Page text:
Most Black Students at Harvard Are From High-Income Families
In the late 1960s major universities were recruiting low-income or so-called ghetto blacks. Not so today. If Harvard has set the pattern for others, it appears likely that most blacks currently enrolled at our elite institutions of higher education come from middle- or high-income families.
Many, if not most Americans, believe that the 1960s protest movement that produced aggressive college recruitment of “ghetto kids” continues today bringing significant numbers of low-income and often underqualified blacks to America's elite campuses.
But the conventional wisdom is false.
In a 2004 interview Professor Henry Louis Gates Jr., director of the W.E.B. Du Bois Institute for African and African-American Research at Harvard, told the London Observer, “The black kids who come to Harvard or Yale are middle class. Nobody else gets through.”
That same year Professor Gates, speaking at a public forum at Princeton University, stated his belief that 75 percent of the black students at Harvard were of African or Caribbean descent or of mixed race. According to Professor Gates, more than two thirds of all Harvard's black students were either the children or grandchildren of West Indians or Africans and very few of Harvard's black students were the descendants of American slaves.
In his 2005 book The Chosen, Professor Jerome Karabel of the University of California at Berkeley has produced credible research showing that most minority students at Harvard, Princeton, and Yale come from high-income families. Karabel notes that the Big Three's preference for legacy admissions, both black and white, tends to limit economic diversity on campus.
Harvard's highly publicized new financial aid program, which eliminates loans for all students who come from families with incomes under $60,000, has produced only small gains in the number of low-income students at Harvard. The latest Pell Grant numbers from the U.S. Department of Education show that still less than one in 10 Harvard students comes from a low-income family.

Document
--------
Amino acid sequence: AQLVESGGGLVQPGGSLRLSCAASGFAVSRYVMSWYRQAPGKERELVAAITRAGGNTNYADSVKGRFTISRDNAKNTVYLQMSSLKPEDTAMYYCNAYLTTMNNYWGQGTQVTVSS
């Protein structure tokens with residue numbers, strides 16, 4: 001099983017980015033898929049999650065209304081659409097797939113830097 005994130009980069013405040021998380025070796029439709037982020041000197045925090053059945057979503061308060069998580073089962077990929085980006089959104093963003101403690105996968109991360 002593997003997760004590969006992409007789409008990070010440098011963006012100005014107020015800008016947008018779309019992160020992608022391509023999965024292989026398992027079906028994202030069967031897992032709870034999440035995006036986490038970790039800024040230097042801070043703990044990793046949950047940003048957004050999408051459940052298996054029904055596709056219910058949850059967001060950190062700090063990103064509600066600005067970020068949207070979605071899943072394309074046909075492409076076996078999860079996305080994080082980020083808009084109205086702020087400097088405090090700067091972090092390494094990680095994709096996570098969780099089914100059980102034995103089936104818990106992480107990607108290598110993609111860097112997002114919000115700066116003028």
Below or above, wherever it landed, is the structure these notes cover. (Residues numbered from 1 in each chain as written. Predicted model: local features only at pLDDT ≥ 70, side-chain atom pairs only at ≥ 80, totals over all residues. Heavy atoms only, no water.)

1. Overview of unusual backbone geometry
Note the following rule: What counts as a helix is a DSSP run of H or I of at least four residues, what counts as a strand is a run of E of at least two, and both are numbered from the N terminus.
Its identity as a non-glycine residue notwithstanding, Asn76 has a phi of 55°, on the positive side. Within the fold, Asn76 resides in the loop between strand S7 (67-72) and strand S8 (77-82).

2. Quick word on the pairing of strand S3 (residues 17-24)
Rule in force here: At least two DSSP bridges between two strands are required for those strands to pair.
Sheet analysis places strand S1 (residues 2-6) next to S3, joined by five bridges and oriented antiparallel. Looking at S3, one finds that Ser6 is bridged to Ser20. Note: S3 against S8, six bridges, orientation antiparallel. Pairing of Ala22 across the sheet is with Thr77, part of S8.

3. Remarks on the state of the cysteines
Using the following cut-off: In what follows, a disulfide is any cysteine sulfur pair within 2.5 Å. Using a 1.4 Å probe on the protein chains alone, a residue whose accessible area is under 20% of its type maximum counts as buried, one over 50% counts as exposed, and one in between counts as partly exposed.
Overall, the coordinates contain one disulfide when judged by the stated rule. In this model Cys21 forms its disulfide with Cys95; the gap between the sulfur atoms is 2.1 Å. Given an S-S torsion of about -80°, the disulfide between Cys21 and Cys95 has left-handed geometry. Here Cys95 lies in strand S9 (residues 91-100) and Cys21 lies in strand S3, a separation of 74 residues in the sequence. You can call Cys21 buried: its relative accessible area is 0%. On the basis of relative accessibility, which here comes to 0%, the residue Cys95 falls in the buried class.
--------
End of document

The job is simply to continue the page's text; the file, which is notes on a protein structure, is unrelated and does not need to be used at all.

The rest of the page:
A 2004 survey of black students at 28 selective colleges and universities conducted by researchers at the University of Pennsylvania and Princeton University found that 41 percent of all black students at these 28 campuses identified themselves as immigrants or children of immigrants. Only 9 percent of the total black population in the United States can be classified as immigrants or children of immigrants.
University of Illinois professor Walter Benn Michaels put the question most bluntly when he said, “When students and faculty activists struggle for cultural diversity, they are in large part battling over what skin color the rich kids have.”
What about the academically strong black students from low-income families? Where are they going to college? Some indeed make their way to elite private institutions. But it is likely that the majority are being snapped up by academically strong and selective state universities. Here the tuitions are reasonable, travel expenses to and from campus are low, and the student body is more likely to have peer relationships more hospitable to minority students from low-income families.